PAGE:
Ceratopsid dinosaurs represent one of the best known dinosaur groups in the Late Cretaceous, and their unquestionable fossil records are exclusively restricted to western North America. Here we report a new ceratopsid dinosaur, Sinoceratops zhuchengensis gen. et sp. nov., from the Upper Cretaceous Wangshi Group of Zhucheng, Shandong Province, China. Cladistic analysis places this new taxon as the only known ceratopsid from outside North America, in a basal position within the Centrosaurinae. It is considerably larger than most other centrosaurines but similar in size to basal chasmosaurines. Furthermore, it is more similar to chasmosaurines than to other centrosaurines in several features, thus blurring the distinction of the two ceratopsid subgroups. This new find not only provides significant information on the morphological transition from non-ceratopsid to ceratopsid dinosaurs, but also complicates the biogeography of the Ceratopsidae, and further demonstrates that fossil sampling has profound effects on reconstructing dinosaurian biogeography.
From Paleoblog. Paper here.
What age is it? Beyond Cretaceous...
A new species of horned dinosaur unearthed in Mexico has larger horns that any other species – up to 4 feet long – and has given scientists fresh insights into the ancient history of western North America, according to a research team led by paleontologists from the Utah Museum of Natural History at the University of Utah.They also state that there are two other ceratopsian skeletons present at the site that they are still working to describe and grasp what they are.
"We know very little about the dinosaurs of Mexico, and this find increases immeasurably our knowledge of the dinosaurs living in Mexico during the Late Cretaceous," said Mark Loewen, a paleontologist with the Utah Museum of Natural History and lead author of the study.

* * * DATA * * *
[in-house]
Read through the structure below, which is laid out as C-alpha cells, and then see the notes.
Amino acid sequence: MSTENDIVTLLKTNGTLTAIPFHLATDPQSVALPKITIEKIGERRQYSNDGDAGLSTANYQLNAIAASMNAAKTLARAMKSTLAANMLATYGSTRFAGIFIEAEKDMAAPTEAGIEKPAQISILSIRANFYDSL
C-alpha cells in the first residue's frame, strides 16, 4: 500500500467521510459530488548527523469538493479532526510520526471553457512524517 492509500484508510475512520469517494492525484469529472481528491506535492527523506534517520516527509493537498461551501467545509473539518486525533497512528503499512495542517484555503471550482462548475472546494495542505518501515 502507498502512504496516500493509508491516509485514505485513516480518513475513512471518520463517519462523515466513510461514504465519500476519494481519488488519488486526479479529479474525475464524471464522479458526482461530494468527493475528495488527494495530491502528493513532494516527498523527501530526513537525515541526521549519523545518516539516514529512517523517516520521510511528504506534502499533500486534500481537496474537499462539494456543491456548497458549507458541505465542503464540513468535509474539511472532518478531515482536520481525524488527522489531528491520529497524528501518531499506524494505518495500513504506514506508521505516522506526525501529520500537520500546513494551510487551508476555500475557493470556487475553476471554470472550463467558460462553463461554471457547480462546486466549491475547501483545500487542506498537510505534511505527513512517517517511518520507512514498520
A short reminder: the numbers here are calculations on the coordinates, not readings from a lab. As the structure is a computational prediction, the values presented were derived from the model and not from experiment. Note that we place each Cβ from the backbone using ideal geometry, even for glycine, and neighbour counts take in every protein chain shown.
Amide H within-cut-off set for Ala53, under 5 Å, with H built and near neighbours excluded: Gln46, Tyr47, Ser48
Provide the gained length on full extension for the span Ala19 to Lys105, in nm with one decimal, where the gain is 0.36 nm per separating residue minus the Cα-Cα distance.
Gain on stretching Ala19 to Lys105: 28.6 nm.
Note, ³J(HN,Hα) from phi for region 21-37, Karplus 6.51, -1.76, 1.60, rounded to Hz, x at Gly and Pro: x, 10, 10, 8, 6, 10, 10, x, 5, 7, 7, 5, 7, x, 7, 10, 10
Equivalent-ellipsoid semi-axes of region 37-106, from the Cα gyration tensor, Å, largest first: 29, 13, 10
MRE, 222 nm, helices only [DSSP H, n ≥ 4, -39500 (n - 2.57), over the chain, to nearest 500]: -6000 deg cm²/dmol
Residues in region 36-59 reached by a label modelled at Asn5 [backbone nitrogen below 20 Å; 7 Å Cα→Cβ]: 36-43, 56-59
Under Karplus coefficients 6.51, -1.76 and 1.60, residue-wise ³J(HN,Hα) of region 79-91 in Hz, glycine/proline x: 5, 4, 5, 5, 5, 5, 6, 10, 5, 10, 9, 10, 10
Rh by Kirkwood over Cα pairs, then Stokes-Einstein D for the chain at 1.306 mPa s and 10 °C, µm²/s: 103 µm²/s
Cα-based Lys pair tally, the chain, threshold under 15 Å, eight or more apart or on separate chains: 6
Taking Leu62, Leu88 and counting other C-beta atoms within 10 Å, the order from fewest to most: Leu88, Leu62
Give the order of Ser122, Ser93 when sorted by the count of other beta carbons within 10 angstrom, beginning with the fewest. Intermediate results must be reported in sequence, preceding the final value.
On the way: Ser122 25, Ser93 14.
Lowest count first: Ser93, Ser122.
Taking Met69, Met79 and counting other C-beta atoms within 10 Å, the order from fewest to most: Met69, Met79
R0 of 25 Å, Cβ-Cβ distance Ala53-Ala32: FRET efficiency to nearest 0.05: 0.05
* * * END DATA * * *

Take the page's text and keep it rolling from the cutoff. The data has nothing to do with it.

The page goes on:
The 72-million-year-old rhino-sized creature – Coahuilaceratops magnacuerna – was a four- to five-ton plant-eater belonging to a group called horned dinosaurs, or ceratopsids. The name Coahuilaceratops magnacuerna (Koh-WHE-lah-SARA-tops mag-NAH-KWER-na), refers to the Mexican state of Coahuila where it was found, and to the Greek word "ceratops" meaning "horned face." The second part of the name, magnacuerna, is a combination of Latin and Spanish meaning "great horn," in reference to the huge horns above the eyes of this dinosaur.
The study, partially funded by the National Geographic Society, was conducted by Mark Loewen, Scott Sampson, Eric Lund and Mike Getty, paleontologists at the Utah Museum of Natural History. Also involved were Andrew Farke of the Raymond M. Alf Museum in Claremont, Calif.; Martha Aguillón-Martínez, Claudio de Leon and Rubén Rodríguez-de la Rosa from the Museum of the Desert in Saltillo, Mexico; and David Eberth of the Royal Tyrrell Museum of Palaeontology in Alberta, Canada.
The new species is to be announced in the book "New Perspectives on Horned Dinosaurs" to be released next week by Indiana University Press.
The rocks in which Coahuilaceratops was found also contain large fossil deposits of jumbled duck-bill dinosaur skeletons. These sites appear to represent mass death events, perhaps associated with storms such as hurricanes that occur in the region today.
"Sitting near the southern tip of Laramidia, this region may have been hammered by monstrous storms," Sampson said. "If so, such periodic cataclysms likely devastated miles of coastline, killing off large numbers of dinosaurs."
This has been quite a week for ceratopsian news! More shortly!